“Yet the officers of the King’s Guard aren’t pale, moping fellows like you lovers of books. Ah, Monsieur Henri, if you mean to be a monk, well and good. But otherwise, do you know what would change your complexion for the better? A lively brush with real dangers on the field, or in Paris, or anywhere away from your home and your father’s protection. That would bring colour into your cheeks.”
“You may let my cheeks alone, Mademoiselle.”
“You may be sure I will do that.”
“I’m quite satisfied with my complexion, and I wouldn’t exchange it for that of Brignan de Brignan. I dare say his face is red enough.”
“Yes, a most manly colour. And his broad shoulders—and powerful arms—and fine bold eyes—ah! there is the picture of a hero—and his superb moustaches—”
Now I was at the time not strong in respect of moustaches. I was extremely sensitive upon the point. My frame, though not above middle size, was yet capable of robust development, my paleness was not beyond remedy, and my eyes were of a pleasant blue, so there was little to rankle in what she said of my rival’s face and body; but as to the moustaches——!
I scrambled to my feet.
“I tell you what it is, Mademoiselle. Just to show what your Brignan really amounts to, and whether I mean to be a monk, and what a reader of books can do when he likes, I have made up my mind to go to Paris; and there I will find your Brignan, and show my scorn of such an illiterate bravo, and cut off his famous moustaches, and bring them back to you for proof! So adieu, Mademoiselle, for this is the last you will see of me till what I have said is done!”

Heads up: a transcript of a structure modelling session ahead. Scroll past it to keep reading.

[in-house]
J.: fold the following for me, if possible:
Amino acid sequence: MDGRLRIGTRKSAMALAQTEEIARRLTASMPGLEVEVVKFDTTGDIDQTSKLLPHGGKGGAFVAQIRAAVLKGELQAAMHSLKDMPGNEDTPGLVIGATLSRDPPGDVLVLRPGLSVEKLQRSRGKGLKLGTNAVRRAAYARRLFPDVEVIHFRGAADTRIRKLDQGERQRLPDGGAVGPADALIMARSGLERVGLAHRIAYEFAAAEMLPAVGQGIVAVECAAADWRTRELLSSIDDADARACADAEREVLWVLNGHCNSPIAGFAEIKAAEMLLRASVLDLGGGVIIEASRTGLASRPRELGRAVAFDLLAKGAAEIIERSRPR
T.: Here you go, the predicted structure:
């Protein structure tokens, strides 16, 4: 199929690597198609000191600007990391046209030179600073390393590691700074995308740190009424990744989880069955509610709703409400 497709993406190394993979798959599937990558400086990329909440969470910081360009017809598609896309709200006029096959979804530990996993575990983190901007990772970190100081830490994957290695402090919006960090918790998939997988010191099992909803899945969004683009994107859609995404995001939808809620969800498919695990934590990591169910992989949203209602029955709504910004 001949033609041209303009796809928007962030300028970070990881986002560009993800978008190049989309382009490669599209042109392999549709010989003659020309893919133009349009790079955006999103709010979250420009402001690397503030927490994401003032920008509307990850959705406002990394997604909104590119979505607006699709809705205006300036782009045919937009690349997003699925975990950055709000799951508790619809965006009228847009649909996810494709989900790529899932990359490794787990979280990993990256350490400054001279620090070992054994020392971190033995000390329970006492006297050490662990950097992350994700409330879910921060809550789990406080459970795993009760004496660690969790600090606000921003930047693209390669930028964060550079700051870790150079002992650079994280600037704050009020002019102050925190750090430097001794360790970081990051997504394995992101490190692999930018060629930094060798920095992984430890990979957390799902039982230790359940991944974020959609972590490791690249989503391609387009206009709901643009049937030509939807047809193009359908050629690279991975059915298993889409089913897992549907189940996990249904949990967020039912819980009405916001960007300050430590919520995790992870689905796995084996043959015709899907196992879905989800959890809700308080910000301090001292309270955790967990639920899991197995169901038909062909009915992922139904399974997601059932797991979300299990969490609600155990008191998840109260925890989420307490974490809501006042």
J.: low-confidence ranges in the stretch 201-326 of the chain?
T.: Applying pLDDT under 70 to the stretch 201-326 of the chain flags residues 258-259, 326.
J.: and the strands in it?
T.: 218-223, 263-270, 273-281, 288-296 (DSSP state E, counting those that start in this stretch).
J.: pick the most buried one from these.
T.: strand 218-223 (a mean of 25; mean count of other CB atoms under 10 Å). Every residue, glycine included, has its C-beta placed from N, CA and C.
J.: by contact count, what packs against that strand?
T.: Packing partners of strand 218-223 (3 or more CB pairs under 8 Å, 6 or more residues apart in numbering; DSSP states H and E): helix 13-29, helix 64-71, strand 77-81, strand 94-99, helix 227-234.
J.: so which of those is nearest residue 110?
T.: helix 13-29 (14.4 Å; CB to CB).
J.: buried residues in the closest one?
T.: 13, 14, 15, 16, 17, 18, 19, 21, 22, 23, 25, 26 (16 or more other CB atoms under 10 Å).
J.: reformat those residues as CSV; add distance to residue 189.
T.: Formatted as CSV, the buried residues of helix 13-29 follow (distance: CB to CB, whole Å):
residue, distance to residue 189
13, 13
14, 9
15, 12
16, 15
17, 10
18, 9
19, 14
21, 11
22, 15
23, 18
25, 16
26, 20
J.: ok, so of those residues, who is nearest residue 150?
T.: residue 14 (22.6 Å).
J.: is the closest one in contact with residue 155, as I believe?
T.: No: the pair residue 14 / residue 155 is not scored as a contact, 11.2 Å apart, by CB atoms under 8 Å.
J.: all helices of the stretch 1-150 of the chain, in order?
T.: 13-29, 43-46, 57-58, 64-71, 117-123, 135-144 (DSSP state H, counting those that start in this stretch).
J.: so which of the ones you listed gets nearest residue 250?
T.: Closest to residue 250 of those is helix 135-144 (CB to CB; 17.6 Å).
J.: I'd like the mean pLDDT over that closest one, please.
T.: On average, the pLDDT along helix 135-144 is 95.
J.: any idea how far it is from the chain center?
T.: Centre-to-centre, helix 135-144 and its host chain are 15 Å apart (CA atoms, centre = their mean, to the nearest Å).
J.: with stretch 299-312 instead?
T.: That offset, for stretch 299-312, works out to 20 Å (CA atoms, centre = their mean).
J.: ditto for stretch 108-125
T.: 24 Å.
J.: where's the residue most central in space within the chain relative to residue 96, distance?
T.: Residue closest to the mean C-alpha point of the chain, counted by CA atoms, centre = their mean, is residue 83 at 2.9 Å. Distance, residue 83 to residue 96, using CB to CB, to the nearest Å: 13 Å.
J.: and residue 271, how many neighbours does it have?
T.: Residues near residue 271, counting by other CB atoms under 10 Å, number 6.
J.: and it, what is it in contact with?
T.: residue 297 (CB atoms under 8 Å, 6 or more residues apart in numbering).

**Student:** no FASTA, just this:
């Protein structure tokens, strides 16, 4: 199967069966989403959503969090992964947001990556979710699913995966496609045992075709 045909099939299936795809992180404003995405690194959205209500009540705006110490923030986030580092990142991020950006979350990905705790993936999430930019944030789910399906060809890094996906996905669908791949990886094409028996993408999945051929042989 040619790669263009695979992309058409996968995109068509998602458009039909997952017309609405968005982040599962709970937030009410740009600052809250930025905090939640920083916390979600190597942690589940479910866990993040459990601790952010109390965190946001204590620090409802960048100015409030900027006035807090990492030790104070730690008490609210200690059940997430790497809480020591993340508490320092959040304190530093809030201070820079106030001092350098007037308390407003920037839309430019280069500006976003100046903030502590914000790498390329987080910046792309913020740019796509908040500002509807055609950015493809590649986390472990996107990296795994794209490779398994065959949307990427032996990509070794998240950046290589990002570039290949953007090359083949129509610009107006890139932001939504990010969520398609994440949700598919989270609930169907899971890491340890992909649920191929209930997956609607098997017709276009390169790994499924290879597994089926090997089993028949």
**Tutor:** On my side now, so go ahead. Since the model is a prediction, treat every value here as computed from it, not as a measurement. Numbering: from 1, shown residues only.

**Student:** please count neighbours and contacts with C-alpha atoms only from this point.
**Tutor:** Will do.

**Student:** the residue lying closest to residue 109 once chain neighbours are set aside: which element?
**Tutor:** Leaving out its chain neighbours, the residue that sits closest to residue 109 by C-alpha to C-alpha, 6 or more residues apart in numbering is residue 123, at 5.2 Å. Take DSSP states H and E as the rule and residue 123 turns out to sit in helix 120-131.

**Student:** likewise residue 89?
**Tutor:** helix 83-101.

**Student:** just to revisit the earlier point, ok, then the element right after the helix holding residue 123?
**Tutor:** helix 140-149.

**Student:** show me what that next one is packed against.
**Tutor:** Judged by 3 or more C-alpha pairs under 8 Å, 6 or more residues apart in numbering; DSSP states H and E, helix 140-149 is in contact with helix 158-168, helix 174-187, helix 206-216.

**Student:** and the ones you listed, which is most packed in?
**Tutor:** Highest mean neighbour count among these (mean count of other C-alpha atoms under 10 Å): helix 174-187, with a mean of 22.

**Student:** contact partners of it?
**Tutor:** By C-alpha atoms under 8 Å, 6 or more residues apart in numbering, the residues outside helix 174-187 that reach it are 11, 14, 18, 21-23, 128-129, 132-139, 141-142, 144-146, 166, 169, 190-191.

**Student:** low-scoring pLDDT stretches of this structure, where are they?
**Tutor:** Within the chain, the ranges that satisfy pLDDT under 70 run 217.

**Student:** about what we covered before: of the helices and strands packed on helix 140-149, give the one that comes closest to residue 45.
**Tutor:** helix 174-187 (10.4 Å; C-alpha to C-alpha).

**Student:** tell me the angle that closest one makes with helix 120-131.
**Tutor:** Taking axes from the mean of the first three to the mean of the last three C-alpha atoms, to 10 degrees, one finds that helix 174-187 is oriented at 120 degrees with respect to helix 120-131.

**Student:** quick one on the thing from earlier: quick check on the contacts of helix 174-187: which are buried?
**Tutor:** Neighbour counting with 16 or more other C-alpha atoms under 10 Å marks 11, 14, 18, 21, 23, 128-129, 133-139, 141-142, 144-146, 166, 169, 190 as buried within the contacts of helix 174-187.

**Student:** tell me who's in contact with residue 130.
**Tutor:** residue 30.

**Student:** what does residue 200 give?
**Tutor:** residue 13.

The thing had come into my head in one hot moment, indeed it formed itself as I spoke it; and so I, the quiet and studious, stood committed to an act which the most harebrained brawler in Anjou would have deemed childish folly. Truly, I did lack knowledge of the world.
(he sets off for Paris, and before leaving a man connected with his house, a steward or something, gives him the following advice:
1. “Never undertake a thing unless you can see your way to the end of it.”
2. “Never sleep in a house where the master is old and the wife young.”
3. “Never leave a highway for a byway.“)
It does look like an entertaining read.